The Sonata is only the latest in a trend that we've been seeing now for many years. Mid-size sedans used to offer frugal base models—and even in some cases, better-equipped performance versions—with a manual gearbox, but as a manual-shifting shopper, your options in this category are increasingly limited. Last year, the redesigned 2012 Toyota Camry dropped the manual gearbox altogether; and at least from preliminary specs, it appears that Ford has also decided to drop a manual option from its all-new 2013 Fusion.
That leaves just a few mid-size sedans—the Honda Accord, Mazda Mazda6, Subaru Legacy, and Volkswagen Passat—that still offer a manual (in 2012). The closely related Kia Optima also does for 2012, although its final spec hasn't yet been announced for 2013.
It might not necessarily be the direction the market is headed. Just last week we reported that even though fewer models are offering manual gearboxes today, more people are buying vehicles with them than in recent years. And cost might have something to do with it.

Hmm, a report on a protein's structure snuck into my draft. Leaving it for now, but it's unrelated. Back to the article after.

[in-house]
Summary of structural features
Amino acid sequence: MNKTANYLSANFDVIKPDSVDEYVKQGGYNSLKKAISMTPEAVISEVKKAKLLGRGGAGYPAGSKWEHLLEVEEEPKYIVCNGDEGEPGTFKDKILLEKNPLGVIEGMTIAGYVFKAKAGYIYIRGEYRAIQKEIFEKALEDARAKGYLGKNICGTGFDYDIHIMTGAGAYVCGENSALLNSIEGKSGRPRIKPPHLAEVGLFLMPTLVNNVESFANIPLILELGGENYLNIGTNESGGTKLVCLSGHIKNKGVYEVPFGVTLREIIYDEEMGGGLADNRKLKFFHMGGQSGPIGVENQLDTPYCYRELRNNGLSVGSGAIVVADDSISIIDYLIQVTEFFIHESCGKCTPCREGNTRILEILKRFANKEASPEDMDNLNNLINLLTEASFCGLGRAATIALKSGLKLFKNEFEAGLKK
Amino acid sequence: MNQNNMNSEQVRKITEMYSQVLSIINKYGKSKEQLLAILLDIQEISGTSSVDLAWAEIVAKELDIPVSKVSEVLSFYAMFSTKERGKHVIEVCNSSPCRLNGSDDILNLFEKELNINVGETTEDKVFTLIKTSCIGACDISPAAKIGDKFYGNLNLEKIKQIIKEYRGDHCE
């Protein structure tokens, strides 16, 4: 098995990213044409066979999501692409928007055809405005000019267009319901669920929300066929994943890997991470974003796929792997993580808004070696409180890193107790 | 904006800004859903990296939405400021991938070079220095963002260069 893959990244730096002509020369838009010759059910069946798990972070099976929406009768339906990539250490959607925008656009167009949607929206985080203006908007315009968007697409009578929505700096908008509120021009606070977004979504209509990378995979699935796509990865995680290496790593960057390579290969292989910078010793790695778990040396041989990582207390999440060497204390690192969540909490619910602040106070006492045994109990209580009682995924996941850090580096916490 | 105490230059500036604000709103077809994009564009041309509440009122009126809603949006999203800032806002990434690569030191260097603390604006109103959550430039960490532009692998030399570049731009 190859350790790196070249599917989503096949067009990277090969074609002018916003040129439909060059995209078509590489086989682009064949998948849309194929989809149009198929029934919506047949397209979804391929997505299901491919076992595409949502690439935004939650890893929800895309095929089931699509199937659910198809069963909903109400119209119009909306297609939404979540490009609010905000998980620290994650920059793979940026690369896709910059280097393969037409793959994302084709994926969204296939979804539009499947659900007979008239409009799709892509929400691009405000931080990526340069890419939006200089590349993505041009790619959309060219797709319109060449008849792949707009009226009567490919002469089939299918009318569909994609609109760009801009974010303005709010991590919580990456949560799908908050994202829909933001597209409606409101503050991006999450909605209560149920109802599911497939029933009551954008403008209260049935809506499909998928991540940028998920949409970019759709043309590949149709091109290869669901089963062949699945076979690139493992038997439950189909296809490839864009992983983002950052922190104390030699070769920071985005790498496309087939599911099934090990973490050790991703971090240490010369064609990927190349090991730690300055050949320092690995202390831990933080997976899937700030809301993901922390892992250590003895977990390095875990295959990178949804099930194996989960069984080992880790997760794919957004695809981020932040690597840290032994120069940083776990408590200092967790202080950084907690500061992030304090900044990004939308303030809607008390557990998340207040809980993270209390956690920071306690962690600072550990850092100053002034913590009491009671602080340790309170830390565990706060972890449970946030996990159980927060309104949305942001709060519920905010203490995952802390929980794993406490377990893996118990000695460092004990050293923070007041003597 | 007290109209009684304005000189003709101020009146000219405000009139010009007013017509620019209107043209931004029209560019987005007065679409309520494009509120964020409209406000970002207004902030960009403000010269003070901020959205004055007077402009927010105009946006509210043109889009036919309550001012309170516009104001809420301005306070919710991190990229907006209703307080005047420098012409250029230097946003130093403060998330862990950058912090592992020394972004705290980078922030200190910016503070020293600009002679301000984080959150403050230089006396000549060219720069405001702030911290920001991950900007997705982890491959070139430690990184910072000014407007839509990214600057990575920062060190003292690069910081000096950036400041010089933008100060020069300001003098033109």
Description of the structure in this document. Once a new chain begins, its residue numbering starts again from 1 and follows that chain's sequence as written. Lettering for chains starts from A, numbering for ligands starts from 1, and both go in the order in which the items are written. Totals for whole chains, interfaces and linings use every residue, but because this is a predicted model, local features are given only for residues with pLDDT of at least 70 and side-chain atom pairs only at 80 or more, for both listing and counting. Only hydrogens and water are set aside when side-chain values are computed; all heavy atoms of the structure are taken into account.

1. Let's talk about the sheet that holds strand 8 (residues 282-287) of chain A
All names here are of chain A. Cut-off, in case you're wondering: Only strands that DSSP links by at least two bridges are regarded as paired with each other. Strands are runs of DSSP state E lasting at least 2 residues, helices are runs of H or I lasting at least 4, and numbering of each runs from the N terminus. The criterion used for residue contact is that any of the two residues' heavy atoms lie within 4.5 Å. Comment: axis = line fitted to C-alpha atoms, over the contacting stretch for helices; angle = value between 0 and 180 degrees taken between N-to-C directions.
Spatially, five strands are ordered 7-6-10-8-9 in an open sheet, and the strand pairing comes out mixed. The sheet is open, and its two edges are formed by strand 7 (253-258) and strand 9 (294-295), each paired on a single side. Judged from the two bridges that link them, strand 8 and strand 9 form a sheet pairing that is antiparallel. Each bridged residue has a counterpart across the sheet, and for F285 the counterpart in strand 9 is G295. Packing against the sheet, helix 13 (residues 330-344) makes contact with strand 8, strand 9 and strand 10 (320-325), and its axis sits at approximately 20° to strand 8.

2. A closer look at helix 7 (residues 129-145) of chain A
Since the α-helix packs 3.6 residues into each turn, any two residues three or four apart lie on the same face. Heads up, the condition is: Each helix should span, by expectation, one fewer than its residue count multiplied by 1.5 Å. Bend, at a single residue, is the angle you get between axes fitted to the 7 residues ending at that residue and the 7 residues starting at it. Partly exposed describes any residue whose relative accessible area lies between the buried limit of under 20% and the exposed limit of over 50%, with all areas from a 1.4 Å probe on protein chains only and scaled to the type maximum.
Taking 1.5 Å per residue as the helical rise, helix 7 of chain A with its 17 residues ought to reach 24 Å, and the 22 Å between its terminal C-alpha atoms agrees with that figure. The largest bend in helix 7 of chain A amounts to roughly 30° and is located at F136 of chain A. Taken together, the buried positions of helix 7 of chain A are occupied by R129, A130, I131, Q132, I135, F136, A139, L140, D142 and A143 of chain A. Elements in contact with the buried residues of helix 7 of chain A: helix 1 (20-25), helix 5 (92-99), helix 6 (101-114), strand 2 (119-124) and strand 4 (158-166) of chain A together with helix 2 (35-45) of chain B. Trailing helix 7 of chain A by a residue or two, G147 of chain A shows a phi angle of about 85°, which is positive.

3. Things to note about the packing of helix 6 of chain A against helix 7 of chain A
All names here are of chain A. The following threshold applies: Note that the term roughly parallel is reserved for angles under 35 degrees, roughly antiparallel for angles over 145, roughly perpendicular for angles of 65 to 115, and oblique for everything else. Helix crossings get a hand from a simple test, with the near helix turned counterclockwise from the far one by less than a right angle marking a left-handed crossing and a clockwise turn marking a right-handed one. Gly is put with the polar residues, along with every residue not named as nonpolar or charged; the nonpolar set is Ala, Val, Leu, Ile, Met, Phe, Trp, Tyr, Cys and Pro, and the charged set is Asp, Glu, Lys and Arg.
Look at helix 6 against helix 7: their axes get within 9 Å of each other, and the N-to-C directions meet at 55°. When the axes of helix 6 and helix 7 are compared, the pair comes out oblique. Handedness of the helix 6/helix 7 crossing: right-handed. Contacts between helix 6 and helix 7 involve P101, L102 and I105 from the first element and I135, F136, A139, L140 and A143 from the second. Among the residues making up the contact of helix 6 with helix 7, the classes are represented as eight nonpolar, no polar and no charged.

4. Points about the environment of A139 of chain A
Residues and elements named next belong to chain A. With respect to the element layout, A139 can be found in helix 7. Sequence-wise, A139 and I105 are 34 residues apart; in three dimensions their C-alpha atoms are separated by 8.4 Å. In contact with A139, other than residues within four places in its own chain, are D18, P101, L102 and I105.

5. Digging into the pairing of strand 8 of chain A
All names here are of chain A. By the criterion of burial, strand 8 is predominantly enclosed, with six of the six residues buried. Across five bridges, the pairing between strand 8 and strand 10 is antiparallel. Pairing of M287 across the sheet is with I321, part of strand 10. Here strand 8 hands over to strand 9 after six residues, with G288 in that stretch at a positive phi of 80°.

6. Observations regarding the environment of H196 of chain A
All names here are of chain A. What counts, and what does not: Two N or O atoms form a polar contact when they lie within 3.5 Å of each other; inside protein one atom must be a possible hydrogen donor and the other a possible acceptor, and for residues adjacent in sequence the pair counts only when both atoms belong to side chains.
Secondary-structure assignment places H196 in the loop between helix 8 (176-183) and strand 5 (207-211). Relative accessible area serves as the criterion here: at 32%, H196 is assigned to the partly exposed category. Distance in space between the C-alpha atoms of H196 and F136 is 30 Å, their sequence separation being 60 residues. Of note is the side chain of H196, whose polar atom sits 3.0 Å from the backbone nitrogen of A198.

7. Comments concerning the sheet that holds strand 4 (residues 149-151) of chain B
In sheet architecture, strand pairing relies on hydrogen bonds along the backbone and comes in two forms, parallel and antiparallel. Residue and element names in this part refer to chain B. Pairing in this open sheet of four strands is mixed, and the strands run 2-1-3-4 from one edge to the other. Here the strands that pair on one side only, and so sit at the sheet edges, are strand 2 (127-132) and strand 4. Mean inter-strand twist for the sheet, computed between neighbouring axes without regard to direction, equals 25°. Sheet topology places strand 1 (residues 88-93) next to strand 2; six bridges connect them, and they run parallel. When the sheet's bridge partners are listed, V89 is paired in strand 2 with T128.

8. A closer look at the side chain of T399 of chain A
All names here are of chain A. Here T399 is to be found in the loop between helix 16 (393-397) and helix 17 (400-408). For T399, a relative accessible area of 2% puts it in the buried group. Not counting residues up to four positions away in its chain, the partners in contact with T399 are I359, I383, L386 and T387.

On the other hand, we've been told repeatedly by product planners that a very small subset of shoppers of sensible mainstream models are only interested in manuals from the standpoint of frugality—and that base, manual-transmission models tend to be negatives for resale/residual value. Counter-intuitively, there tends to be a much larger subset of premium sport sedan shoppers that gravitate toward manual gearboxes, and there it doesn't detract significantly from resale value at all.
The residual (and resale) value authority ALG has indeed given the 2013 Sonata an improved (and best-in-class) residual-value rating of 60 percent. While to some it's just a figure, this rating indicates to lenders and leasing companies roughly what it will be worth in three years—which is an extremely impressive number for a vehicle entering the third year of its life cycle.
As we outline in our full review, the 2013 Hyundai Sonata gets a few more standard features, with fog lamps and heated front seats added to the GLS—all for $21,670, which Hyundai points out is lower than that of the Toyota Camry LE or Honda Accord LX Premium. Hyundai also notes that the GLS offers heated mirrors, heated front seats, and XM satellite radio are all features that neither the Honda nor the Toyota includes at that level.
Will the upcoming 2013 Ford Fusion and 2013 Nissan Altima, as well as the 2013 Honda Accord, fare as well? And will the upcoming 2013 Honda Accord still offer a manual gearbox? It's going to be an interesting year for mid-size sedan shoppers.